Propositional Logic: Translating "if ... unless ..." Hi. I have a question regarding an example I read in a math textbook on translating English sentences using propositional logic. The solution of the problem is also explained in the book, but I fail to understand it. The problem goes like this: How can the following English sentence be translated into a logical expression? You cannot ride the roller coaster if you are under 4 feet tall unless you are older than 16 years old. Solution: Let q represent "You can ride the roller coaster." Let r represent "You are under 4 feet tall." Let s represent "You are older than 16 years old." Then the sentence can be translated to (r [conjunction] [negation] s) --> [negation] q. (Unfortunately I can't use proper mathematical signs, so --> stands for the sign of conditional statement.) My question is: The sentence "s" refers to "You are older than 16 years old," which in my reading isn't a negation of anything. Still, in the solution, it is negated. I fail to understand why "s" has to be negated. If you could kindly explain it to me, I would be most grateful.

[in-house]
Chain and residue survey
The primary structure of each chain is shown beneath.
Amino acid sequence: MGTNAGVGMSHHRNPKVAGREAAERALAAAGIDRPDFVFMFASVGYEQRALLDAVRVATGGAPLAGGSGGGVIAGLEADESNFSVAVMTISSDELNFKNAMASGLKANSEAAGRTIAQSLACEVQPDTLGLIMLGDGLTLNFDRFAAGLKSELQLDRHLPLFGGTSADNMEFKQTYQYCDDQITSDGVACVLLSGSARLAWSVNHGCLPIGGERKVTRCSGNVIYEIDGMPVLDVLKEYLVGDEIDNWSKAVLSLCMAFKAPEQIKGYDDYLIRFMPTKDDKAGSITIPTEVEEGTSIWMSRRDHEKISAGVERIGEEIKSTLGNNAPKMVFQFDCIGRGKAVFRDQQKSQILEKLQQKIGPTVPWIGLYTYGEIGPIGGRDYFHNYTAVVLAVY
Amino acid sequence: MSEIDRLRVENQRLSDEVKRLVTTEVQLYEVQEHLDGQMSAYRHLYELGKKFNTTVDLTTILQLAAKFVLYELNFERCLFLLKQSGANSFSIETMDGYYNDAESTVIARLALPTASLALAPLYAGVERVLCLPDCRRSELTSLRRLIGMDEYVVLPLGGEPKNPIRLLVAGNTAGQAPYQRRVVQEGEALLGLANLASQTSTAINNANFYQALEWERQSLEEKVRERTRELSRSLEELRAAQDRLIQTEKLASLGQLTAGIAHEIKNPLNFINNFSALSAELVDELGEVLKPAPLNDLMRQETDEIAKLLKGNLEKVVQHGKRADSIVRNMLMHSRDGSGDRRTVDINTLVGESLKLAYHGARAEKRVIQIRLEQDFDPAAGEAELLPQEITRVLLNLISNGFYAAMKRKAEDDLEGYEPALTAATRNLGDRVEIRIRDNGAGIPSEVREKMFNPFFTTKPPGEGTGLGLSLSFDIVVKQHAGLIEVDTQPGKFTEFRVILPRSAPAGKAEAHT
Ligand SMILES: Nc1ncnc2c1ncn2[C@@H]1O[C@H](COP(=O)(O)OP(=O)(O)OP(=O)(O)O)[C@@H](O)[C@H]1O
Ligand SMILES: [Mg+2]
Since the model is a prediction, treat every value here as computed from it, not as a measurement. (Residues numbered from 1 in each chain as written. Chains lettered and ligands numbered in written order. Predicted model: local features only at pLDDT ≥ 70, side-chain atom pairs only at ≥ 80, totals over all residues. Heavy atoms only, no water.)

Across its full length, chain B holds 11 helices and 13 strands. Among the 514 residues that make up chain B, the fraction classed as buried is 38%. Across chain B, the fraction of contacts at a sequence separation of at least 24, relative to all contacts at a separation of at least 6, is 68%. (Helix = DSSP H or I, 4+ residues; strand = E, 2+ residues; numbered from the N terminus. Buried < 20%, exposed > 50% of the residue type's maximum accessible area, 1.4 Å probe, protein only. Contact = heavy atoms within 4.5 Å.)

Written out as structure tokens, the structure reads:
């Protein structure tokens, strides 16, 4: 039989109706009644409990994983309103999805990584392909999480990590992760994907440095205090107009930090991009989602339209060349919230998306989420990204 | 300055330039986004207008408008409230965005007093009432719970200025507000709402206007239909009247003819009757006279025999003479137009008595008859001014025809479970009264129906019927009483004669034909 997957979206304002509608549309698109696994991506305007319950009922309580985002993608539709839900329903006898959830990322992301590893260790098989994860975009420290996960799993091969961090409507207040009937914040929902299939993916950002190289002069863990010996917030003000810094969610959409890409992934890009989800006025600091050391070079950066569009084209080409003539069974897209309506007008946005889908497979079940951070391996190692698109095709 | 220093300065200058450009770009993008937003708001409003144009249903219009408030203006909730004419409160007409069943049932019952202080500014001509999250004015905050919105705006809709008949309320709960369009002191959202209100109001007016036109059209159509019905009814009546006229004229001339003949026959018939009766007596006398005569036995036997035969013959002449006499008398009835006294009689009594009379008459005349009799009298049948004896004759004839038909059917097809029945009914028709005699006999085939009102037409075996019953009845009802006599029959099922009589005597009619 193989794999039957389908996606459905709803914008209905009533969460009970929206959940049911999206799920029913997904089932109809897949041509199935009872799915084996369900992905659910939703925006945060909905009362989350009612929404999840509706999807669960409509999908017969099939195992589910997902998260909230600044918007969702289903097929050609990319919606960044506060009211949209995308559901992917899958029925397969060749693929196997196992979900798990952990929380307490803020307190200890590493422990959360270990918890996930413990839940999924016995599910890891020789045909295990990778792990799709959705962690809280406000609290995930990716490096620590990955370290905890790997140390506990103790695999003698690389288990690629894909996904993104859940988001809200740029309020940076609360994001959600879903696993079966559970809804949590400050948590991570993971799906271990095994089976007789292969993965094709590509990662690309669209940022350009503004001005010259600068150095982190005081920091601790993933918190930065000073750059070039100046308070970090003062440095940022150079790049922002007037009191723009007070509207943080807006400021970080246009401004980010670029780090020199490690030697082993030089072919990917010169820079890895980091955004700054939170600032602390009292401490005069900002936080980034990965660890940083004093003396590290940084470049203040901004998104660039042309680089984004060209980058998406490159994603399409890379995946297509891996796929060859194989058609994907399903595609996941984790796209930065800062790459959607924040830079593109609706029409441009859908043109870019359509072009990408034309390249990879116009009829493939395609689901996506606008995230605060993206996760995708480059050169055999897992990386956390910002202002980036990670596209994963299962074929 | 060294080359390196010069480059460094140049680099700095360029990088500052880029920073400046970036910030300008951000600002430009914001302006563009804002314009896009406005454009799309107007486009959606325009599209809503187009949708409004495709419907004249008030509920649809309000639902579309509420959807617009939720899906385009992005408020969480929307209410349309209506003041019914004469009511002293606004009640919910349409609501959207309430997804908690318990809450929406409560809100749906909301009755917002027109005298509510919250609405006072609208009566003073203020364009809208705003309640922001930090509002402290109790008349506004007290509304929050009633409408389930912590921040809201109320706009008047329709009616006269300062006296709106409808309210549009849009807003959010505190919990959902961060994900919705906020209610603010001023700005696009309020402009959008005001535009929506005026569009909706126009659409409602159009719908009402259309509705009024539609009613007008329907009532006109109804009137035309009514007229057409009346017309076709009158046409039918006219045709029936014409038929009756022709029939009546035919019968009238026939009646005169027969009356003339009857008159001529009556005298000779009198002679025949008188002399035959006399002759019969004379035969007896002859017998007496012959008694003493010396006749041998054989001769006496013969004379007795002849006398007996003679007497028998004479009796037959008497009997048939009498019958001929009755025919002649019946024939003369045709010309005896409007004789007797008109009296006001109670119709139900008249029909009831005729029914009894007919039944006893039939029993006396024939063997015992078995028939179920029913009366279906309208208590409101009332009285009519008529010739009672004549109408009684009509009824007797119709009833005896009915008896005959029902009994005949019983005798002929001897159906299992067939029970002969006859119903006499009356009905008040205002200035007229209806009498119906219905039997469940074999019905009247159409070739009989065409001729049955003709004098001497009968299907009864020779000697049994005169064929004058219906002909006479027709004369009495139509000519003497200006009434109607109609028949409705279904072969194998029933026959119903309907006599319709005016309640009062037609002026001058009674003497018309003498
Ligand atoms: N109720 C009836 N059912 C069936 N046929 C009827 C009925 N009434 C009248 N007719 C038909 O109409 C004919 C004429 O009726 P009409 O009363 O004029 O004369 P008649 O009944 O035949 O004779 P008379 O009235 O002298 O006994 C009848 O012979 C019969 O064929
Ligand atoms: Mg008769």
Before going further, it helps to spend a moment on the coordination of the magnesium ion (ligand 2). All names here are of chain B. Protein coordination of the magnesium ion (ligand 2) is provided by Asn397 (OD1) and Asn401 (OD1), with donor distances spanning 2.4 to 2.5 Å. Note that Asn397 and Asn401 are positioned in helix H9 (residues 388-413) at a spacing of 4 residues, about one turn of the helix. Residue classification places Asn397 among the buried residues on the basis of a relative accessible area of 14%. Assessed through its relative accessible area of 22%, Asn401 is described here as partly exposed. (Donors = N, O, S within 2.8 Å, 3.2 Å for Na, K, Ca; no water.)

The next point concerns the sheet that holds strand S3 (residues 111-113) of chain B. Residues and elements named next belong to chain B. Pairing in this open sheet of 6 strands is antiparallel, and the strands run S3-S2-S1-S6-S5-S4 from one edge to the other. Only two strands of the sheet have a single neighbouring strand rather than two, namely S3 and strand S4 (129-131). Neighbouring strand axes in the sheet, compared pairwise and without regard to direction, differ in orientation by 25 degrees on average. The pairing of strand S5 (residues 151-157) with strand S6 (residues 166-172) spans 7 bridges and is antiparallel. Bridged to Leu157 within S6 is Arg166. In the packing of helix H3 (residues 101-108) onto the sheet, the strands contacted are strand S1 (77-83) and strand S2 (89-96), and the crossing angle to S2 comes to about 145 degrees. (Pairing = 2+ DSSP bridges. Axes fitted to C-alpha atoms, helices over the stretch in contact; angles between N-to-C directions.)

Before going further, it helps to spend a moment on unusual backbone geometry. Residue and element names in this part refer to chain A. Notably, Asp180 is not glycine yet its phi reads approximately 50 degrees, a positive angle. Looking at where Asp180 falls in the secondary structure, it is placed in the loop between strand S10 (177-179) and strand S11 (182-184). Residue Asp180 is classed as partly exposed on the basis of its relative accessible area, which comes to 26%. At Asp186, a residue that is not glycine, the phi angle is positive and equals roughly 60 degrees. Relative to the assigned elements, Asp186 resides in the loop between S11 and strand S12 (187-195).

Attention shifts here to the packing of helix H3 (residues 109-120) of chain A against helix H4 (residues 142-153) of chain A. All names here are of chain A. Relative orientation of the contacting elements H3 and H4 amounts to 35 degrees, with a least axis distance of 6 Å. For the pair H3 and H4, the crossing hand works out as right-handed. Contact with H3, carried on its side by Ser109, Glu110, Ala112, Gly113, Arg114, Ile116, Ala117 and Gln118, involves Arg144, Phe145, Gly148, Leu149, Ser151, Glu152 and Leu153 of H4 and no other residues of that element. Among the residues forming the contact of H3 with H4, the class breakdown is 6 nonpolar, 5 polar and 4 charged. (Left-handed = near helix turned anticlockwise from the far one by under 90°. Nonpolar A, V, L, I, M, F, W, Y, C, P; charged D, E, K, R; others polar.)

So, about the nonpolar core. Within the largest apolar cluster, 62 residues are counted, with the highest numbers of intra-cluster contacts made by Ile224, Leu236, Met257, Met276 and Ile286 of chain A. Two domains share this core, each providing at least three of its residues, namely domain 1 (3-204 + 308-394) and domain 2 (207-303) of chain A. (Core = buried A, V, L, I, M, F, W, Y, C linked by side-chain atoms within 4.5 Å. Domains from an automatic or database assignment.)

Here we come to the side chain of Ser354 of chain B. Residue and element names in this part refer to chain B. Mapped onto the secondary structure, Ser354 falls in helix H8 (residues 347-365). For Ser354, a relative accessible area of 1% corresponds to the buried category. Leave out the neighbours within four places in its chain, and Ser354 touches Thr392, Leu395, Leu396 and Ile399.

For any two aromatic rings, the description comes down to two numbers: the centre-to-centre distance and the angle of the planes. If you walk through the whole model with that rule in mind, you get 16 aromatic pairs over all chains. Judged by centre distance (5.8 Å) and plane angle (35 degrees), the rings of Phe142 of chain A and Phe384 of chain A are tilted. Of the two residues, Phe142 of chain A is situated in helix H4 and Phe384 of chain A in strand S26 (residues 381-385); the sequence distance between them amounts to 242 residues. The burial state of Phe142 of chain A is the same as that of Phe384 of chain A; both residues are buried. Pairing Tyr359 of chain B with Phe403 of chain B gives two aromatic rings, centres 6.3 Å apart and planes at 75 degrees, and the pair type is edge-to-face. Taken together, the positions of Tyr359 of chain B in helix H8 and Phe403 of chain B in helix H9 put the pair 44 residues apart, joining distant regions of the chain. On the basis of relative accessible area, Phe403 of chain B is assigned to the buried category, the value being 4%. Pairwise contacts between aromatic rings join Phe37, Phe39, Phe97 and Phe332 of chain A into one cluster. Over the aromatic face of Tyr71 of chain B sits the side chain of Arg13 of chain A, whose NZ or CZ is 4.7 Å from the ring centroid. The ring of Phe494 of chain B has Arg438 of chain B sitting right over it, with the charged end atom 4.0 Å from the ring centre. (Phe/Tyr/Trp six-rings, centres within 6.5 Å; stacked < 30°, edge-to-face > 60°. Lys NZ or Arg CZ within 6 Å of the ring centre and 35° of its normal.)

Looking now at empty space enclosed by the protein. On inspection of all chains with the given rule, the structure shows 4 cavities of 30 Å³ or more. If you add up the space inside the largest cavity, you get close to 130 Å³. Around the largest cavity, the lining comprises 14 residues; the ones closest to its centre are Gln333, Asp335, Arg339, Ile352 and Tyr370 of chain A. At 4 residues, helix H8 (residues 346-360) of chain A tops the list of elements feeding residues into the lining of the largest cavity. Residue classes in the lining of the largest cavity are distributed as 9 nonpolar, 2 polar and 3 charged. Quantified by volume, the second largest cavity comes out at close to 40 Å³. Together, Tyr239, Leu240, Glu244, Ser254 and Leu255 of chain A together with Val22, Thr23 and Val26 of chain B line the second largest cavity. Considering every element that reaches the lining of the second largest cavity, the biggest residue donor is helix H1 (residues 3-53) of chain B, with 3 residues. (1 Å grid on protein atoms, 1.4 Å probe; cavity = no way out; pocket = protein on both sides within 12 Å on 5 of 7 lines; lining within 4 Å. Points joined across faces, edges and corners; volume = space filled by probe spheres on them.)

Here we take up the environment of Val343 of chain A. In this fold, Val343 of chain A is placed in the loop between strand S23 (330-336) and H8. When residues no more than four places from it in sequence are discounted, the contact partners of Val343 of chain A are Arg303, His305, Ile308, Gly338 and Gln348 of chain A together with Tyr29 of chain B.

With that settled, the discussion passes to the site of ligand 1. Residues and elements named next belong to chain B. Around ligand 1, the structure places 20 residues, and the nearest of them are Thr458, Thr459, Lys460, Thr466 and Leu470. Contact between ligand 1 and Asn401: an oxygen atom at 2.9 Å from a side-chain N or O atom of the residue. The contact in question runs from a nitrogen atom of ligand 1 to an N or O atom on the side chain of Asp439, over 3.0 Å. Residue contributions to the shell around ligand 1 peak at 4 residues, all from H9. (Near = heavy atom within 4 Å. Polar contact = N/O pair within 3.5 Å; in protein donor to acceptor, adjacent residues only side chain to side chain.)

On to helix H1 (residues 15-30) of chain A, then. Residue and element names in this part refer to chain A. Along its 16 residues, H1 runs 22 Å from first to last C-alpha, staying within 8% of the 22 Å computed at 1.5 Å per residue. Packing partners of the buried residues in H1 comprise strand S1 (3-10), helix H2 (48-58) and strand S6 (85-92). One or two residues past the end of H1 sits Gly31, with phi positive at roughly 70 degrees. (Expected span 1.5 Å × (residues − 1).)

We haven’t used logic symbols so far, in part because they were tricky to type using only keyboard symbols. I started my answer by defining the symbols I would use in place of \(\wedge\) for conjunction (“and”), \(\vee\) for disjunction (“or”), \(\lnot\) or ~ for negation (“not”), and \(\rightarrow\) for conditional (“if … then”):
I'll do what many people do, and use the caret symbol ^ to represent conjunction, the tilde symbol ~ for negation, and -> for the conditional. Using those conventions, your textbook's answer looks like this: (r ^ ~s) -> ~q
(We commonly used “v” for “or”.)
The crux of the problem is the word “unless”, which is not a standard term in logic, but is similar to “only if”. I focused in on that part:
The negation of s lies in the word "unless." Let's simplify the sentence to You cannot ride the roller coaster unless you are older than 16. This simpler sentence says that you can only ride the roller coaster if you are older than 16. If you are NOT older than 16, you CAN'T ride. Think about that a bit, and you'll see that "unless" could be replaced by "if not." You cannot ride the roller coaster if you are not older than 16. Or, changing the order, If you are not older than 16, then you cannot ride the roller coaster. Given that q = "You can ride the roller coaster" s = "You are older than 16 years old" this sentence would translate as ~s -> ~q Does that help?
I find that sequential rewrites in English, gradually moving toward mathematical symbols, help to keep the focus on the correct meaning.